Great Yarmouth councillor Mick Castle, who confesses he was not a natural Corbyn supporter and voted for Andy Burnham first time around, turned his fire on the 'ridiculous' coup by Labour moderates last year. He backed Mr Corbyn in the second leadership contest and thinks he is 'growing into the job'.
But in his first campaigning of the year, the veteran Labour member, who started canvassing under Harold Wilson's leadership, said people were neither really excited about Jeremy Corbyn nor bad-mouthing him.
He suggested politics is in a bit of a limbo as people wait to see what happens when Article 50 – the formal process for leaving the European Union –is triggered.
He said he didn't think people were calling for Theresa May to go at the moment, believing she will deliver Brexit – but thinks a scenario two or three years down the line with the pound still slipping and jobs being lost after Britain had come out of the single market could present Mrs May and the UK Independence Party in a different light.
In the meantime, though, Mr Castle is optimistic there could be some good gains for Labour in the local elections in May.
A councillor in a strongly Brexit-backing part of the country, he acknowledges much of the Brexit vote was about immigration.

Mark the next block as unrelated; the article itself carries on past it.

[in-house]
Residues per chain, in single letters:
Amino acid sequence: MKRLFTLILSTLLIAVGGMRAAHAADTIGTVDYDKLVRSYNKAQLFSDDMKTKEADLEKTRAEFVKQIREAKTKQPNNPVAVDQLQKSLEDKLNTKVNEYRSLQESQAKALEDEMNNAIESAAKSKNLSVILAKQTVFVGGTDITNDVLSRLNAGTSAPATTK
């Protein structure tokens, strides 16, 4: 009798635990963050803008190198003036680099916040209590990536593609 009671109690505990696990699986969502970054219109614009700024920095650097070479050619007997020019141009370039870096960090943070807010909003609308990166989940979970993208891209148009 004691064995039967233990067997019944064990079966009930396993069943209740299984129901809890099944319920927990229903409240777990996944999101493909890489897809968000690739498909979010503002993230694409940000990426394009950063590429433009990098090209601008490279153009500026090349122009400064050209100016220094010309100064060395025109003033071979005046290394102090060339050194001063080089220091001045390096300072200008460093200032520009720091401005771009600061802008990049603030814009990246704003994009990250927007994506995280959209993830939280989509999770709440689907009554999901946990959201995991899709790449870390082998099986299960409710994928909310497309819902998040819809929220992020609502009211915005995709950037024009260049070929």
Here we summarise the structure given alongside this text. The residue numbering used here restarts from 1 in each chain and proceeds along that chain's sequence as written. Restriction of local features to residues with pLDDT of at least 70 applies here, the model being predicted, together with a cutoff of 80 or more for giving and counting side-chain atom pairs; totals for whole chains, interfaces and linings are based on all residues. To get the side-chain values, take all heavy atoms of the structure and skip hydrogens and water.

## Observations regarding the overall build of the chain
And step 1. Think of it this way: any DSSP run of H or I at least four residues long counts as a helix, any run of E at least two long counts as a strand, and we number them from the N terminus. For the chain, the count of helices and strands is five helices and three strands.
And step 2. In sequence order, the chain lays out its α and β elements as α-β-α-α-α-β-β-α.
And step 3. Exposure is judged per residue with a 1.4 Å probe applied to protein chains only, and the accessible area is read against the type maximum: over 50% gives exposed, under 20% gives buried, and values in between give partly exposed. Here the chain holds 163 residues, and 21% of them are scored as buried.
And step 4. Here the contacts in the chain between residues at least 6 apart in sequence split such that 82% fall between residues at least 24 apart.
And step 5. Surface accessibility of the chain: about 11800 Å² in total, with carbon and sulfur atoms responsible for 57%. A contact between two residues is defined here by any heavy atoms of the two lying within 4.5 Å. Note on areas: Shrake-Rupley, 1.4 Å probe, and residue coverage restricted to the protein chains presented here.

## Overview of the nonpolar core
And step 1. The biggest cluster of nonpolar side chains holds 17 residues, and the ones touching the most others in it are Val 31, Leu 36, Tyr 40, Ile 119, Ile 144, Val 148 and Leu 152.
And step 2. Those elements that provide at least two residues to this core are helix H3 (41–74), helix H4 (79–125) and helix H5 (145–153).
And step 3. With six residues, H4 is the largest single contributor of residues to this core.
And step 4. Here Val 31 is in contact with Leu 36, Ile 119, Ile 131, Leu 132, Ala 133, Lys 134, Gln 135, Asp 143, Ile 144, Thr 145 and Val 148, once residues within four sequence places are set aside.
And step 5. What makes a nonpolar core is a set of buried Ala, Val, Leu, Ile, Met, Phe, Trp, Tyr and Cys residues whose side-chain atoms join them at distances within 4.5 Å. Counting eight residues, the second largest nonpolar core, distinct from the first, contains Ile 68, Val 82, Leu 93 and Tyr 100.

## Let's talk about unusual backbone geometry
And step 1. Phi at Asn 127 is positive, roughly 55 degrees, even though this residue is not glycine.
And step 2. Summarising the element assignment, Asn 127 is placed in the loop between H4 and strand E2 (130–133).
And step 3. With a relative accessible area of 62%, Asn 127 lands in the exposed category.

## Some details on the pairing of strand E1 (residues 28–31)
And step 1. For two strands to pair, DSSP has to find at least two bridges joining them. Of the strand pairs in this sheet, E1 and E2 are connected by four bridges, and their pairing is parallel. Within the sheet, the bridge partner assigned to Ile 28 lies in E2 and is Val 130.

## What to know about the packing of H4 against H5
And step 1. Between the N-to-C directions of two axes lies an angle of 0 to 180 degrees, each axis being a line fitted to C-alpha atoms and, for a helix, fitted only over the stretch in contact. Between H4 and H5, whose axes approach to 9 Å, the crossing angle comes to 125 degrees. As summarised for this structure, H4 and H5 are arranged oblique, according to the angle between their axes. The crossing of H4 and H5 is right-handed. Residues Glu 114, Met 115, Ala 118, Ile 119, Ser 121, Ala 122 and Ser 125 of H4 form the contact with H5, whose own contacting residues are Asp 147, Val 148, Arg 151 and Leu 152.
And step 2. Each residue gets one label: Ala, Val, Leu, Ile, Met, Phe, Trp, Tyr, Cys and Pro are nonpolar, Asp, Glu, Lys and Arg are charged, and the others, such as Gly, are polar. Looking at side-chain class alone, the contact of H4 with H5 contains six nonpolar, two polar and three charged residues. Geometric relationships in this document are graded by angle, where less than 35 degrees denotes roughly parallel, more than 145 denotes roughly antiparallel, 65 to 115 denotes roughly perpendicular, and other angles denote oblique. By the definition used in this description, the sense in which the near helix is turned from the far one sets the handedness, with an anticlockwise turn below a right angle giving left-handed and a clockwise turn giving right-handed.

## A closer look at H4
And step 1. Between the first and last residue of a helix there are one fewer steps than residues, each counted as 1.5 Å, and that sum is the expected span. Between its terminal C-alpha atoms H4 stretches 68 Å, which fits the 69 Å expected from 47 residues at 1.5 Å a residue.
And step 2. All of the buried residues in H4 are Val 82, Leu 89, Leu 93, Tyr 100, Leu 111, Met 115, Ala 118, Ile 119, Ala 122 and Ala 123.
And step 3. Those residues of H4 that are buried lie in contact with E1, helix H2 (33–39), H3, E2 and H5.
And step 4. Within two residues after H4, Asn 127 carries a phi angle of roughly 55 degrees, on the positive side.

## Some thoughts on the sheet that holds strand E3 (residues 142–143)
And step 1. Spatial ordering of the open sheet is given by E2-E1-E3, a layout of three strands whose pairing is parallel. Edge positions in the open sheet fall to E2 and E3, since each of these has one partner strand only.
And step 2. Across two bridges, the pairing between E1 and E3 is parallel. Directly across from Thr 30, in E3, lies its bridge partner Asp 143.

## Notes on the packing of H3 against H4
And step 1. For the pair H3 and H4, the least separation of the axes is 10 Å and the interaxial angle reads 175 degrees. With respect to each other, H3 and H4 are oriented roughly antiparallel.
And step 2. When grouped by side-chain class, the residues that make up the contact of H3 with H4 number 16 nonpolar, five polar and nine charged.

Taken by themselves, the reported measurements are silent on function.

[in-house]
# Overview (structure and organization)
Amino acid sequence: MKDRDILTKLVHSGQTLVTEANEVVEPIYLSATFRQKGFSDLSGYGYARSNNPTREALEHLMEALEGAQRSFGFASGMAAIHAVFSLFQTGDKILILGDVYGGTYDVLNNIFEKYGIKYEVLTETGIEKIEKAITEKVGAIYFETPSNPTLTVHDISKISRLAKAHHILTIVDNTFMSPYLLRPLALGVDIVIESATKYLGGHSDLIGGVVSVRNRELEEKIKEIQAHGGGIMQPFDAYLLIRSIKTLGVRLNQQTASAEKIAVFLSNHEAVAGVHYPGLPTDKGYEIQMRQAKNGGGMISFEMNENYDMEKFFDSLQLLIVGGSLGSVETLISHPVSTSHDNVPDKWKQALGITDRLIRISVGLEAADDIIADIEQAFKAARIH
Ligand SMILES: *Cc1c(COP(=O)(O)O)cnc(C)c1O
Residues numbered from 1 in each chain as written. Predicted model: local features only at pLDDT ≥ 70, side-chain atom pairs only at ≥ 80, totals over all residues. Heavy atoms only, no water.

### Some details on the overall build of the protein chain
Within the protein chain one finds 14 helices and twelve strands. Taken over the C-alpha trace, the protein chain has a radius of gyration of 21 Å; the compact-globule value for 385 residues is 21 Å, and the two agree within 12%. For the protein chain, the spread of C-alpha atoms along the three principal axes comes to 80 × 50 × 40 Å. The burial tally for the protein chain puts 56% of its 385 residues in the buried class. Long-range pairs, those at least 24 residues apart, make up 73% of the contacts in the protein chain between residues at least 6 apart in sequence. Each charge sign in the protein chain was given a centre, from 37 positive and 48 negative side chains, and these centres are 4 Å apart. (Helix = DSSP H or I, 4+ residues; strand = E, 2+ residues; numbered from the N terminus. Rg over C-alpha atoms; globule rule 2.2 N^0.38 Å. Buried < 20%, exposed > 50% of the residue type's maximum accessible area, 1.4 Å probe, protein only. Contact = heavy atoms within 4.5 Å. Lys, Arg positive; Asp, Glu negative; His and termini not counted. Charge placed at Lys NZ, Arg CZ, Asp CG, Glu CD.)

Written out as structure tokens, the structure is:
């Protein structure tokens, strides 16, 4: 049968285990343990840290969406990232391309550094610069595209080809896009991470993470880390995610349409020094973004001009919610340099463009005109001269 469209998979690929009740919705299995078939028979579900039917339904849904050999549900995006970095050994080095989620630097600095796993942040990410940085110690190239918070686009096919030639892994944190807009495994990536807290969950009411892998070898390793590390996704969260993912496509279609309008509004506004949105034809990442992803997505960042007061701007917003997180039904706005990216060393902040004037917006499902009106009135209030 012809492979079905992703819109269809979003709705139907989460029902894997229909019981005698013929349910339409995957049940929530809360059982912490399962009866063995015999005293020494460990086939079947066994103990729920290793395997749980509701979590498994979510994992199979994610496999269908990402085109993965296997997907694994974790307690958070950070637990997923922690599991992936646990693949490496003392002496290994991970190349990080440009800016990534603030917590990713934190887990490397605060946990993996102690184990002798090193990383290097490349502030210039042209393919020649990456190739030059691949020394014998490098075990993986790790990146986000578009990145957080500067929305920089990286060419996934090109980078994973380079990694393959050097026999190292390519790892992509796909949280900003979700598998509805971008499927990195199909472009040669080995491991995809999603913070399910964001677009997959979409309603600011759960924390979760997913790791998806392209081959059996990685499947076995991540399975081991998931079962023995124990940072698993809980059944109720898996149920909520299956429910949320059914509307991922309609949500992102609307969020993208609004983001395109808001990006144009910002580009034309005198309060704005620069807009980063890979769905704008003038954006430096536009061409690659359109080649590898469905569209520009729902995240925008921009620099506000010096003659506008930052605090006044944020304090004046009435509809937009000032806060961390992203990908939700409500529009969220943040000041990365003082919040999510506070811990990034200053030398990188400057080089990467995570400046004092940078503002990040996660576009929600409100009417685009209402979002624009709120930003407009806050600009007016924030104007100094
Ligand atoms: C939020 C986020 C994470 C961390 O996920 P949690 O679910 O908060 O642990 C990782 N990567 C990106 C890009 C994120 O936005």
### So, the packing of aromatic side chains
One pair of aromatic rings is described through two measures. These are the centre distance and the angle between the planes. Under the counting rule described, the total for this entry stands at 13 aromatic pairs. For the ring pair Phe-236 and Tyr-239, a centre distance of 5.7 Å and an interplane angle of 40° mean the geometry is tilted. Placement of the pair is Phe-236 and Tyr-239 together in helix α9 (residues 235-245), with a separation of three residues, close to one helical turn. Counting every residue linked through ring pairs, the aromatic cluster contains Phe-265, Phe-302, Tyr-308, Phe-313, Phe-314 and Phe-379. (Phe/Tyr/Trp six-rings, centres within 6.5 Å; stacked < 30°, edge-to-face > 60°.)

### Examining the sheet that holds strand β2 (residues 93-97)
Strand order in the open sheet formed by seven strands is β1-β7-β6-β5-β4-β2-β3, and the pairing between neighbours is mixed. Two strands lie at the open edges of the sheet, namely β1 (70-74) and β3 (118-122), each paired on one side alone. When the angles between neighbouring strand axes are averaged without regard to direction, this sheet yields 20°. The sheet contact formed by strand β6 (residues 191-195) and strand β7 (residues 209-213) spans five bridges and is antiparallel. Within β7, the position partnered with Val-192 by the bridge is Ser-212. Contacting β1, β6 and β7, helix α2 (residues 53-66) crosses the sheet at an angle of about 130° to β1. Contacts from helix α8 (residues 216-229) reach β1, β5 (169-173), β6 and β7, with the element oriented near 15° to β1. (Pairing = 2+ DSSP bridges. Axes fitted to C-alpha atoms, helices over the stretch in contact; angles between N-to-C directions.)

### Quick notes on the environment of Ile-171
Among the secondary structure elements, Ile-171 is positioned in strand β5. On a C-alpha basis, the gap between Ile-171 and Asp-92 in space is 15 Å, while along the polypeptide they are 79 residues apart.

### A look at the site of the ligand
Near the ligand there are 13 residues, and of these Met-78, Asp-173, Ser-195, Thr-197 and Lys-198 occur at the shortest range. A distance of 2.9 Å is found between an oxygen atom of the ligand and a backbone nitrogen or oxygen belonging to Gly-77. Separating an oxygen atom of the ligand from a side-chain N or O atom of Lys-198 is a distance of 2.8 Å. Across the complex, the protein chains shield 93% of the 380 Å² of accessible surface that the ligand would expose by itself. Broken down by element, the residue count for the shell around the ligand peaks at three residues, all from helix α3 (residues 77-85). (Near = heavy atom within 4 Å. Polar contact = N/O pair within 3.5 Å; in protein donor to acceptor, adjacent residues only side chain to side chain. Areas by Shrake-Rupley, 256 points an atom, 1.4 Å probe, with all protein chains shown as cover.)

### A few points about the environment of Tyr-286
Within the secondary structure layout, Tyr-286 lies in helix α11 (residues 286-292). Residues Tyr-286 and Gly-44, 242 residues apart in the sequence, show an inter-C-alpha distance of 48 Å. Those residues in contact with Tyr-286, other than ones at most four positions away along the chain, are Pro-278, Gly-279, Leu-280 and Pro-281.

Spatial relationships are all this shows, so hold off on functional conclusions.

But warns any attempt by the Labour Party to become 'Brexit lite' is not going to suddenly change the ideas of rabidly anti-foreigner voters.
He maintains that the UK still needs immigration to fill care, food industry and hospital jobs and believes Mr Corbyn will not suddenly 'do somersaults to please his colleagues in the Labour group in parliament'.
'He is not a flip-flopper. He has been fairly solid on this issue. It is one thing to say he is going to prevent abuse and rising down wages. He is not going to say we don't need foreign workers. If he did, I imagine the NHS would be in crisis through lack of personnel.'
And when it comes to the key questions about whether Jeremy Corbyn could win at the next election in 2020, Mr Castle is upbeat.
'People said Trump couldn't win. In a way they are treating him like Trump. It is almost a daily dose of trying to pick on him. I think he can ride it out.'
But that view is certainly not universal. One Labour councillor, who did not want to be named, agreed that the party was strong locally, but said while people were willing Mr Corbyn to get his act together, he feared he was not capable of leading the edifice he had created.
He was particularly frustrated by Mr Corbyn's performance last Tuesday when he had to contradict the briefing that had been given about his speech the previous evening.
Like many though, his fire is not exclusively aimed at Mr Corbyn – but also on his opponents on the backbenches, whose coup he described as the 'worst example of political incompetence' in politics in half a century. He did not vote in the second leadership election in protest.
He was furious about the own goal of launching another Labour leadership battle when David Cameron had resigned, and the country was reeling.
He added: 'To think they could run the party or the country. I have never seen anything like it.'